After the bell on April 19, Tesla announced Q1 results that sorely disappointed even its ardent Wall Street fans. Five price reductions so far this year, designed to bolster demand, lowered average sales prices so markedly that operating margins fell from over 19% a year ago to 11.4%. All told, earnings cratered by almost one-fourth. The battery-on-the-blink performance was far from the fabulous growth story that Elon Musk’s long been selling investors. On the news, no fewer than seven analysts pared their price targets for the shares. At mid-day on April 20, Tesla’s stock had fallen 9.3% to $164.40, erasing $58 billion in market cap, an amount equal to more than one-third the valuation of Netflix.
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But for one leading analyst, the selloff isn’t remotely enough big enough to bring the EV king’s shares in line with its fundamentals. David Trainer, founder and CEO of investment research firm New Constructs, believes that using the most realistic projections for the likes of sales and earnings, Tesla’s worth something like $28 a share or one-sixth its current price—which by the way, is down 60% from its peak of $415 reached in late 2021. “Tesla remains hugely overvalued,” Trainer told Fortune, pointing to a $517 market cap that still amounts to twice the combined valuations of Toyota and Volkswagen.
Trainer unswayed by the narrative that Tesla’s not mainly a car company but a tech juggernaut that will set the pace in self-driving vehicles and produce the next-gen batteries its rivals will rely on. Put simply, he believes that the flood of new, mostly bargain priced models issued by every big competitor will substantially lower Tesla’s profitability going forward. For Trainer, it’s all about the numbers. First, what Tesla’s future earning must equal to justify its current cap, and second, assessing its true value based on reasonable projections for sales and profits. In a new report, Trainer gives his estimates showing that Tesla flunks on both criteria.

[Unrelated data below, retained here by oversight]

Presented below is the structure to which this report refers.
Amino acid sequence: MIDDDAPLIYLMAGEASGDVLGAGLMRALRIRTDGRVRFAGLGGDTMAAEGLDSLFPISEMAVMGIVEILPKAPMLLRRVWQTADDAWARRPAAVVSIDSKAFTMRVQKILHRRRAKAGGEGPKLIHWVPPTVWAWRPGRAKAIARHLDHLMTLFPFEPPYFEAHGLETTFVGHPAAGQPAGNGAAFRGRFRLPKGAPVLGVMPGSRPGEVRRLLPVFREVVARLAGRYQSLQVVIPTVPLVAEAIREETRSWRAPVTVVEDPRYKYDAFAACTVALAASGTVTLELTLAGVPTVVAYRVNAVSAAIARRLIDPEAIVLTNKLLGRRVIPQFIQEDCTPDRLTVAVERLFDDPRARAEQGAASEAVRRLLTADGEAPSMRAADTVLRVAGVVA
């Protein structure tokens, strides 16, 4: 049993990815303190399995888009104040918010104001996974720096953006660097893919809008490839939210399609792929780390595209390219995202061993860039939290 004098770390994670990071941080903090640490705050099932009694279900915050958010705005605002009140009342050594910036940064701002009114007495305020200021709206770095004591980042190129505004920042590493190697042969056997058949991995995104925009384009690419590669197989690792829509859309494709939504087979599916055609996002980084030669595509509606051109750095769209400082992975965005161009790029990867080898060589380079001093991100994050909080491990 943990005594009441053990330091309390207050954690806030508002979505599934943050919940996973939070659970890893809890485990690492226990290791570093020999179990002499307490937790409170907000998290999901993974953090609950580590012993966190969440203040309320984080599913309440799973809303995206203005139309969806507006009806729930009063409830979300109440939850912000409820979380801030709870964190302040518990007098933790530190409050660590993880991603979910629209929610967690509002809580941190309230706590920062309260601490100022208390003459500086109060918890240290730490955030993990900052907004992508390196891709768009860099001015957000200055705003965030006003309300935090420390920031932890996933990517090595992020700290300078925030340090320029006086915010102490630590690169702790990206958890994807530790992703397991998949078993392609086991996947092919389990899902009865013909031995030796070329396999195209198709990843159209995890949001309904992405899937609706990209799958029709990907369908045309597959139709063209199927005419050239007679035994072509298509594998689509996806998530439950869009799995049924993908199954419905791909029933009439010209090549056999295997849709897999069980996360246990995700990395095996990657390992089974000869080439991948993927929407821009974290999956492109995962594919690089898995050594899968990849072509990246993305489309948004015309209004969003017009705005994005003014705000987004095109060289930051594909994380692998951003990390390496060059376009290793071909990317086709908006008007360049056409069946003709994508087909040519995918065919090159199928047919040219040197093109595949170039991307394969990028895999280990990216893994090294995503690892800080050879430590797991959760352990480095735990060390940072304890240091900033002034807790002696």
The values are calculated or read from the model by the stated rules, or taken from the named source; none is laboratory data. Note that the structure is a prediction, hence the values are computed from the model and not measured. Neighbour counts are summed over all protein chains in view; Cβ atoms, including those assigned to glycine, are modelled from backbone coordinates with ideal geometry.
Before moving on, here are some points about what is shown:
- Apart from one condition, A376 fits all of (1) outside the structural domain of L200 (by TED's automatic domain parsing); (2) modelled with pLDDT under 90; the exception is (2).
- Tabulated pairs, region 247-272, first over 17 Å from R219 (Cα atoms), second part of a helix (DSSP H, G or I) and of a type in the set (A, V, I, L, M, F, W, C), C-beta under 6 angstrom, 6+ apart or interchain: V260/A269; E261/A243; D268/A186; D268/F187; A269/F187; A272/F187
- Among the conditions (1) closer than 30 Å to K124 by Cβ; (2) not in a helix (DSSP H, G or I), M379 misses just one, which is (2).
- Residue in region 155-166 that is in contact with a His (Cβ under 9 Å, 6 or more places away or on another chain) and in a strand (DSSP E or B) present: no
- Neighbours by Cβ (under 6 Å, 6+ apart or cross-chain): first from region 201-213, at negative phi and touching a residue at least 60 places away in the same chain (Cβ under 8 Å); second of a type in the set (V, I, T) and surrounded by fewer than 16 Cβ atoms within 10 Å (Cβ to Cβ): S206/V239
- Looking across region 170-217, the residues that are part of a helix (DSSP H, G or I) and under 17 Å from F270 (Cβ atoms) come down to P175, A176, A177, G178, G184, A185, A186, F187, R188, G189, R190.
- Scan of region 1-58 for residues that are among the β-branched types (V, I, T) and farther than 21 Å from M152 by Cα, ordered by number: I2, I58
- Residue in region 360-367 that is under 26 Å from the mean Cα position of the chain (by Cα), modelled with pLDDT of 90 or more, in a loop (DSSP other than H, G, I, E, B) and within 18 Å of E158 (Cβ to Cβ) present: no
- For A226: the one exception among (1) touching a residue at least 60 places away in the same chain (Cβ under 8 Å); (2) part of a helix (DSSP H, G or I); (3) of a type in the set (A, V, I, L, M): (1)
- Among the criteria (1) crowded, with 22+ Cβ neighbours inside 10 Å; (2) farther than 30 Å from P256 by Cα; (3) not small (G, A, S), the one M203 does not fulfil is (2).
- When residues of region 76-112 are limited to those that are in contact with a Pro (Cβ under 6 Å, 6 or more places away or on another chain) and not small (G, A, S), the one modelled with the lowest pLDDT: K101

How fast must Tesla grow to be worth cap of over $500 billion?
For both exercises, Trainer uses one of the most reliable tools in finance, discounted cash flow analysis. To see what Tesla must do to merit an over half-a-trillion valuation, he plugged in the sales, profit and capex numbers over the next eight years that discount back to that gigantic benchmark. For Tesla to get there, Trainer reckons that it must grow sales at a 28% compound rate through 2031, and achieve after-tax operating margins of 13%, 80% higher than Toyota’s current level of 7%. Tesla also needs to keep capex growth at one-third of its current rate, despite the requirement of constantly building new factories to sustain that exploding output.
If it hits those supercharged metrics, Tesla would garner $100 billion in net operating profit by 2031, 60% more than Toyota, Stellantis, GM, and Ford all make combined, ascend to what Apple has earned in the past four quarters. Trainer’s verdict: It’s mission impossible. It won’t happen.
What’s Tesla worth using optimistic but reasonable projections for its fundamentals?
Trainer’s “most likely” scenario holds that Tesla will indeed get much bigger in the years ahead, but generate only slightly more profit than it books today. Once again, the big headwind will be the onslaught of low-priced EVs vying for the same customers. Trainer thinks it’s probable that Tesla grows sales fast, at between 20% and 30% a year in 2023, 2024 and 2025, and at 10% in the five out years. The rub: He forecasts that its operating margins will fall from 13% in 2023 to 7% in the years beyond. Hence, its earnings won’t grow much from here, despite fast-waxing sales.
Still, Tesla would rank as an industry titan eight years hence, boasting annual sales of 4.5 million vehicles, 3.5 times the figure over the past four quarters. That’s equal to 43% of all the Toyotas customers purchased in the past 12 months, and equal to all the newly-bought Volkswagens. It Tesla manages to meet these still challenging numbers, Trainer believes its stock, at present, should be fetching $28 a share.
“It’s all playing out as we predicted in previous reports,” Trainer told me. “Tesla’s really admitting that the car business won’t make the money Musk was projecting, and it’s clear that claims the ancillary business will supply the needed extra growth are a shell game.” Elon Musk, the Music Man of EVs, has built a great company but also sold followers on an incredibly overblown vision. In turn, the believers awarded Tesla an incredibly inflated market cap. Tesla can remain a great company. Its stock, Trainer argues backed by strong logic, is headed for disaster.
This story was originally featured on Fortune.com
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